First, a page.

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Teachers continue the battle over fair pay

An+example+of+how+many+teachers+feel+seeing+their+paycheck.
An example of how many teachers feel seeing their paycheck.

An example of how many teachers feel seeing their paycheck.

Ethan Tarnarider

Ethan Tarnarider

An example of how many teachers feel seeing their paycheck.

Ethan Tarnarider, Staff Writer

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Teachers are not paid enough—that’s already established. But now, many elementary teachers in San Mateo and San Carlos are threatening to go on strike if they do not get their contracts negotiated in their favor.

As of late, teachers who are dissatisfied with their pay and the districts’ position on the bargaining position have staged demonstrations and are even willing to strike.

This strike would significantly affect students, as teachers would not be in school to teach necessary information that is required by the district. In addition, teachers who strike would most likely be doing such with no pay. The teachers may need to give up something to get their point across.

According to the California Department of Education, the estimated average salaries of all teachers in the 2015-2016 school year was $77,179. Many teachers believe they should be paid more as it costs much more to live in the Bay Area compared to many other counties in California.

Union president Julie MacArthur said to the San Mateo Daily Journal, “A majority of our members are ready to do what they need to do to get a fair contract and that includes a strike, no question.”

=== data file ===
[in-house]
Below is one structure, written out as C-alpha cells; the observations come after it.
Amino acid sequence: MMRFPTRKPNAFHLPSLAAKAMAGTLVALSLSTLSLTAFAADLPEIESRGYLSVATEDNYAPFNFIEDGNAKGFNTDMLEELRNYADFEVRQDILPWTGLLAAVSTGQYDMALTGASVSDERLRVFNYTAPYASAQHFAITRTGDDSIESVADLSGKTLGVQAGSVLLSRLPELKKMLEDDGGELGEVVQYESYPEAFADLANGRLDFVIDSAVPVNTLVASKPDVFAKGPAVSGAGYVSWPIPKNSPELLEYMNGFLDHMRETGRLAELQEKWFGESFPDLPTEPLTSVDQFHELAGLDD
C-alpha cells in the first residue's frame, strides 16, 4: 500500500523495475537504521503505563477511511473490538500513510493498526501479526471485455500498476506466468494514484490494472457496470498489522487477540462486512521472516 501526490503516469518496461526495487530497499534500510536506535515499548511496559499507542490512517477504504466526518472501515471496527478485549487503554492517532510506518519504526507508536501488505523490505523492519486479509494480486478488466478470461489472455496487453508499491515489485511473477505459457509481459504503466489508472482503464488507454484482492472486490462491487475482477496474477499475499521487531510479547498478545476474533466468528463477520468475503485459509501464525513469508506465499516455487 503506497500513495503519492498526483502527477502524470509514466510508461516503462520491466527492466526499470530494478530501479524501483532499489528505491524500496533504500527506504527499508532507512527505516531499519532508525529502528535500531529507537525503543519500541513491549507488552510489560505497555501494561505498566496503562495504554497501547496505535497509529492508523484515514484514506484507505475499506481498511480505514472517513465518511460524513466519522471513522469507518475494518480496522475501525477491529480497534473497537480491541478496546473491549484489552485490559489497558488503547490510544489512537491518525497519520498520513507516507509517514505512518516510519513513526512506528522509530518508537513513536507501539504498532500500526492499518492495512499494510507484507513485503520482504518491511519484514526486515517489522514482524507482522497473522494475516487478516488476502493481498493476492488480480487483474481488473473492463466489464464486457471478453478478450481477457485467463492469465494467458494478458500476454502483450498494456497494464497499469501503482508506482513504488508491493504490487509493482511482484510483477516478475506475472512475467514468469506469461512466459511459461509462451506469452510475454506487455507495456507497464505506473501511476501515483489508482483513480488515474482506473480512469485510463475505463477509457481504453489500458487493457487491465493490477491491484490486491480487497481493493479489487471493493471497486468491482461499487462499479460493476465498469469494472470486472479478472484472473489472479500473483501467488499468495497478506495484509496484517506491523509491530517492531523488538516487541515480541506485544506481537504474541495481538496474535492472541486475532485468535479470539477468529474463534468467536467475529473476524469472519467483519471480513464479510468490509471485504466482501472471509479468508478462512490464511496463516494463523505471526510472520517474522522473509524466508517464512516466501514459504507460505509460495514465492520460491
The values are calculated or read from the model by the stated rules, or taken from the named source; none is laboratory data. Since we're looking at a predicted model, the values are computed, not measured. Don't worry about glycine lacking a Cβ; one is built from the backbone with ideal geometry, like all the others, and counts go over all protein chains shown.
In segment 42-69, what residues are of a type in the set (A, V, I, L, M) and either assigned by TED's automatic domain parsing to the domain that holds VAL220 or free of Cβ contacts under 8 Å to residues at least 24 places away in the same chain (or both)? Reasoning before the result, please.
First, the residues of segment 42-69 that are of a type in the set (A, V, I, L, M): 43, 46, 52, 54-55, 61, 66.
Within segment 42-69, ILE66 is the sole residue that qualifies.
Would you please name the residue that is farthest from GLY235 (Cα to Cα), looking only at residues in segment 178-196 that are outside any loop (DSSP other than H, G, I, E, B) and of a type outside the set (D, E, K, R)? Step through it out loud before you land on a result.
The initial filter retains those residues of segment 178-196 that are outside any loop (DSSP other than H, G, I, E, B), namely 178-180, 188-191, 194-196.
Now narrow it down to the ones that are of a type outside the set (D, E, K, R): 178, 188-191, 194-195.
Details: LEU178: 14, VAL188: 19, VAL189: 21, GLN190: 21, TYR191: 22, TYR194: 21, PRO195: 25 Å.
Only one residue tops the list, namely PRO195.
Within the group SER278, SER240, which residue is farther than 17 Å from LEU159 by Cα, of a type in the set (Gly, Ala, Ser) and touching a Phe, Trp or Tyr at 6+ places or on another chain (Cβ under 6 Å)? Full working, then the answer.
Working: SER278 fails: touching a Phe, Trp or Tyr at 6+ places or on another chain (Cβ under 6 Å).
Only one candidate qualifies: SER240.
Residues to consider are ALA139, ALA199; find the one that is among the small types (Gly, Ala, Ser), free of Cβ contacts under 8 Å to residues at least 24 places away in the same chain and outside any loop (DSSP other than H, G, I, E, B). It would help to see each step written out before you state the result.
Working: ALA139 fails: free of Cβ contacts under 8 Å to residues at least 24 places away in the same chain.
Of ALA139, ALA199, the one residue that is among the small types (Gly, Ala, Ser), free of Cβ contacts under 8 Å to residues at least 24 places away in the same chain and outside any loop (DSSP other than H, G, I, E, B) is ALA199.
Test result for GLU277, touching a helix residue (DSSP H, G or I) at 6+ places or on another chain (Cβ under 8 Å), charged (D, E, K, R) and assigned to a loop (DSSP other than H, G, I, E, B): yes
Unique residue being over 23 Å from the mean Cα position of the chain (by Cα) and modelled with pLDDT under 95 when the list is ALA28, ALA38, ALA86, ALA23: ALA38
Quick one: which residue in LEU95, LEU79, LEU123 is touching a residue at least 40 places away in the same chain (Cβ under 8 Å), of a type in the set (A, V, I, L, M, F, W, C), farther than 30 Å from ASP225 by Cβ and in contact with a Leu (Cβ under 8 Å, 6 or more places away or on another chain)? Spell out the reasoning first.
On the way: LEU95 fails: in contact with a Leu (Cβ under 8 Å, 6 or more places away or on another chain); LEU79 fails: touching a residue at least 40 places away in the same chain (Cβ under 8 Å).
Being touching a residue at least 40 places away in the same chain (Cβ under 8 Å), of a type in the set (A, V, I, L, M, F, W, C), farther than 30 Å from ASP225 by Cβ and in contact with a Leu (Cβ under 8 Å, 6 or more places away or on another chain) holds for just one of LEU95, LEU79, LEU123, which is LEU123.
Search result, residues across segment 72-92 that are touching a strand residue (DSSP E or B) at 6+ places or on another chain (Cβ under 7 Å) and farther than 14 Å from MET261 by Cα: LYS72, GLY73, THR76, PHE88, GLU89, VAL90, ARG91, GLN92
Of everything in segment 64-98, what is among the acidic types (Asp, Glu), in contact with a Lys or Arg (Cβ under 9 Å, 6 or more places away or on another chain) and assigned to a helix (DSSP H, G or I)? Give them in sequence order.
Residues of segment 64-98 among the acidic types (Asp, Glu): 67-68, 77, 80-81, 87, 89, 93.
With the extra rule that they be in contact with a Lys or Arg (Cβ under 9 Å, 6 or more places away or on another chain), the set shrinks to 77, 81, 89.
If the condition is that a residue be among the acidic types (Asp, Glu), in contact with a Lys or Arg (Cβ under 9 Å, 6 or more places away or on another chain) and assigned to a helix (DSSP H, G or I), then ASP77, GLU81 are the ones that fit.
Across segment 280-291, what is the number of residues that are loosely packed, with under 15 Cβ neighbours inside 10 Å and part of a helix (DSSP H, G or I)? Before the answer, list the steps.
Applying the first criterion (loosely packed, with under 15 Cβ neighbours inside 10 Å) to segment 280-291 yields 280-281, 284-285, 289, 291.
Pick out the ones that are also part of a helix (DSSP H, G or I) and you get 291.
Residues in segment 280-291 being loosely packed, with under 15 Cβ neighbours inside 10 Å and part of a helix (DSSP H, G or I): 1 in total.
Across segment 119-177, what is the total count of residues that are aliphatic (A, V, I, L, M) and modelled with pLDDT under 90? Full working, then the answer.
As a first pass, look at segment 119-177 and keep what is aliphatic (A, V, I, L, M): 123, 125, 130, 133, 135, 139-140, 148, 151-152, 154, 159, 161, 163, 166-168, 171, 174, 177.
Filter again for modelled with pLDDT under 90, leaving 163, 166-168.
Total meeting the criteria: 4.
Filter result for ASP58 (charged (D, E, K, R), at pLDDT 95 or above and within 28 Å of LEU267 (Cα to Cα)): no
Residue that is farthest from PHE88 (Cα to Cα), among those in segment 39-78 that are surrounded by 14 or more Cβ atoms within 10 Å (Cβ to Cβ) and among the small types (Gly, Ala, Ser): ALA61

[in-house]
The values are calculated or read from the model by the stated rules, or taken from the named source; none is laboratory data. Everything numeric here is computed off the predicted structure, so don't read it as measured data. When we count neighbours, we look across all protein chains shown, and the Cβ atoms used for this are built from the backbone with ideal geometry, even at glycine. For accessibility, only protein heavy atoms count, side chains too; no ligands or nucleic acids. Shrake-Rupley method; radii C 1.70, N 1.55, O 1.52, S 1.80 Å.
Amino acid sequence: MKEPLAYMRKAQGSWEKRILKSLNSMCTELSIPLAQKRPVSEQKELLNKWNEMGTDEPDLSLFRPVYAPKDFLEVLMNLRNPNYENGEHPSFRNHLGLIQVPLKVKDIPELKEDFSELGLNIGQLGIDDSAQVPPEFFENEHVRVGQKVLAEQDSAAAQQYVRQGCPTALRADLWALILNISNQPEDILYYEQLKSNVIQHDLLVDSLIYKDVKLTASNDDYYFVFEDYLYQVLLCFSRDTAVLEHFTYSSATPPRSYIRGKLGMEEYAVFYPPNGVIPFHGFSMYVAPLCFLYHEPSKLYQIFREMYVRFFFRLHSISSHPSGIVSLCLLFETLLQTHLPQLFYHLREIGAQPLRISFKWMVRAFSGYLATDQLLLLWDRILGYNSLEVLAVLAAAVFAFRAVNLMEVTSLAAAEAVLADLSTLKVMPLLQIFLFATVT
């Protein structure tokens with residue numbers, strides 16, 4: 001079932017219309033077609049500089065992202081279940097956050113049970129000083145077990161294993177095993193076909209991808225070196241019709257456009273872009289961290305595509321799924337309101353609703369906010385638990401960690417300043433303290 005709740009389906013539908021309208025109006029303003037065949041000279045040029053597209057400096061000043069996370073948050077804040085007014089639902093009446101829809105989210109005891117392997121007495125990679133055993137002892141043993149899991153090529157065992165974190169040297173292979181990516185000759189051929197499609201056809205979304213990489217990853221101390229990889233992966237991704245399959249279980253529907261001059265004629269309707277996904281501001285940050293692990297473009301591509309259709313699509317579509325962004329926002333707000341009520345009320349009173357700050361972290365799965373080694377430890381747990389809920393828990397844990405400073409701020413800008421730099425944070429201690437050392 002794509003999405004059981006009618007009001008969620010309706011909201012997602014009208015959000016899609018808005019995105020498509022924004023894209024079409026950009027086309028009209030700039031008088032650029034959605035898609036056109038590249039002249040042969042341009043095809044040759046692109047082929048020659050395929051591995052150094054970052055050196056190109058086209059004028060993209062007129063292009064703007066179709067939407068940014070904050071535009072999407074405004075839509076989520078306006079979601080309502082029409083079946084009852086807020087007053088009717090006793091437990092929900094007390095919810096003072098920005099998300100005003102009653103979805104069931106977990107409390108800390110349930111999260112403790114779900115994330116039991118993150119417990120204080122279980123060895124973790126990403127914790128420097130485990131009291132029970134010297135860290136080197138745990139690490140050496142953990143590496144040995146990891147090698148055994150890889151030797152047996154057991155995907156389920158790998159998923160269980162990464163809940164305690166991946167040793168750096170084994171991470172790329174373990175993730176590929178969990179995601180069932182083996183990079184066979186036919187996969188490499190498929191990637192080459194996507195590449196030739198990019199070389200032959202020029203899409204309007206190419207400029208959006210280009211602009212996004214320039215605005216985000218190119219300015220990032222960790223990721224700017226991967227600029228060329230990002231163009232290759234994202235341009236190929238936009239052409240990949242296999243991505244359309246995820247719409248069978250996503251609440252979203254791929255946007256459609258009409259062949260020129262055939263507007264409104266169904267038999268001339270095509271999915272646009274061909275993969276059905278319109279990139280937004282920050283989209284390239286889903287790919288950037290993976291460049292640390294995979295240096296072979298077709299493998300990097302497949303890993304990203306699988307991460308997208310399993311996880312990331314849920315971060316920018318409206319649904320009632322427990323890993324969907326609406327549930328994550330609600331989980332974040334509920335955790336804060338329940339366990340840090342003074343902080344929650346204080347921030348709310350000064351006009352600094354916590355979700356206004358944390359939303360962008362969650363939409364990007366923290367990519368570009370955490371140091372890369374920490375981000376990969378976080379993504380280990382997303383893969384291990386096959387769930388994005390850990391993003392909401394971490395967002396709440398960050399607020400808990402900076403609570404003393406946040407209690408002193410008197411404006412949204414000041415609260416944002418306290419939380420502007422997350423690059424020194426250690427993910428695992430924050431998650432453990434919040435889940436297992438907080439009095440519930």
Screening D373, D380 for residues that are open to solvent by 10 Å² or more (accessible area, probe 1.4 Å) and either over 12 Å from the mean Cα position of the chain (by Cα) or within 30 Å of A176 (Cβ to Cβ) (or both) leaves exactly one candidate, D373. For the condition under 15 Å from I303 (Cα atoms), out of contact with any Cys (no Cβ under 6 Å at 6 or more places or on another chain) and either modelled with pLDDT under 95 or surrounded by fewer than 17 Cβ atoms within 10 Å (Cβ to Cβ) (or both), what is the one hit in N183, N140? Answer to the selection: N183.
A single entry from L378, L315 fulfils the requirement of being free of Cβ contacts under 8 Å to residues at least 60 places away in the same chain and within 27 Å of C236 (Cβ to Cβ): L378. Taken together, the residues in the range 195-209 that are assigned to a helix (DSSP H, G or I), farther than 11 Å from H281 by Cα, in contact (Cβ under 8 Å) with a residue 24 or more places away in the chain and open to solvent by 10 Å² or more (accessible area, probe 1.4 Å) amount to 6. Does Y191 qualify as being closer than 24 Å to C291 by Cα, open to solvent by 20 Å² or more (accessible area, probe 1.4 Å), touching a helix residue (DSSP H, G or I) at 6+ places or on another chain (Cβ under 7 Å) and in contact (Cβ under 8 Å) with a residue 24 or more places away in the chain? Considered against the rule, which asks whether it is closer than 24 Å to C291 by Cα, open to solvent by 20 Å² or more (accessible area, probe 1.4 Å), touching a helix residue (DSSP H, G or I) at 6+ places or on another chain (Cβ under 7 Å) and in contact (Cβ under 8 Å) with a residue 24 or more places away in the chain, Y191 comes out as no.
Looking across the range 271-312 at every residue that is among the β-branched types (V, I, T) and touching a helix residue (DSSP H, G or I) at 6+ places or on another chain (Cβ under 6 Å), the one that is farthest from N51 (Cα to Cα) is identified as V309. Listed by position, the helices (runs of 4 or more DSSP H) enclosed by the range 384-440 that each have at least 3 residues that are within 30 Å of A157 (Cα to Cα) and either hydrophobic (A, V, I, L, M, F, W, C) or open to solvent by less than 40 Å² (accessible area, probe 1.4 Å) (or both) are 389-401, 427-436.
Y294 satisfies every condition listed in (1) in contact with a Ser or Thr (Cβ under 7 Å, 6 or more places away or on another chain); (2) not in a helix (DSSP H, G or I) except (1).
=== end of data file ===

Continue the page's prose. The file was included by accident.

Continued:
District spokeswoman, Amber Farinha said in response, “The San Mateo-Foster City School District will continue to work toward a successful conclusion to these negotiations. During this time, as always, the district’s focus remains on the success and well-being of the students, staff, and community we serve.”

Although the teachers are greatly worried about their pay, the district expresses that the main priority is still the students, their happiness, and their success.

Carlmont teachers who are not negotiating about pay or threatening to go on strikes weigh in on the issue.

Maria Robinson, a Spanish teacher at Carlmont said, “I think teacher’s entry-level salary should be higher in order to attract talent. In addition, I believe a teacher’s salary should depend on his/her leadership and responsibilities. Districts should have either levels or steps to encourage and compensate leadership. It should be similar to the private sector where an employee’s is salary depends on the skill and education he/she has at an entry level.

Although some teachers at Carlmont are have satisfaction or lack thereof with their pay, tensions stay high in Baywood elementary school

“Tensions are high at this point. We are very frustrated. Unfortunately, as leadership for teachers, it’s really heartbreaking and demoralizing,” MacArthur said.

While tensions regarding teacher pay stay high in Baywood, the teachers at Carlmont seem more satisfied with their pay and overall, are less money-driven than others.

Carlmont digital media teacher, Joshua Sheridan said, “I am satisfied with my pay. But to switch topics there should be no correlation between standardized test scores and teacher pay. That leads to one of two things, scandals in which answers are openly given out by teachers to students or the students not being prepared to function in the real world. Standardized test answers will not help you in real life.”

While Sheridan seems quite satisfied with his pay and his teaching styles, Robinson feels as if many teachers are qualified to get more money that they currently do.

“Absolutely not. Teachers are highly educated and work very hard and they don’t get compensated as other professions do. For example, engineers and business management,” said Robinson.

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The student news site of Carlmont High School in Belmont, California.
Teachers continue the battle over fair pay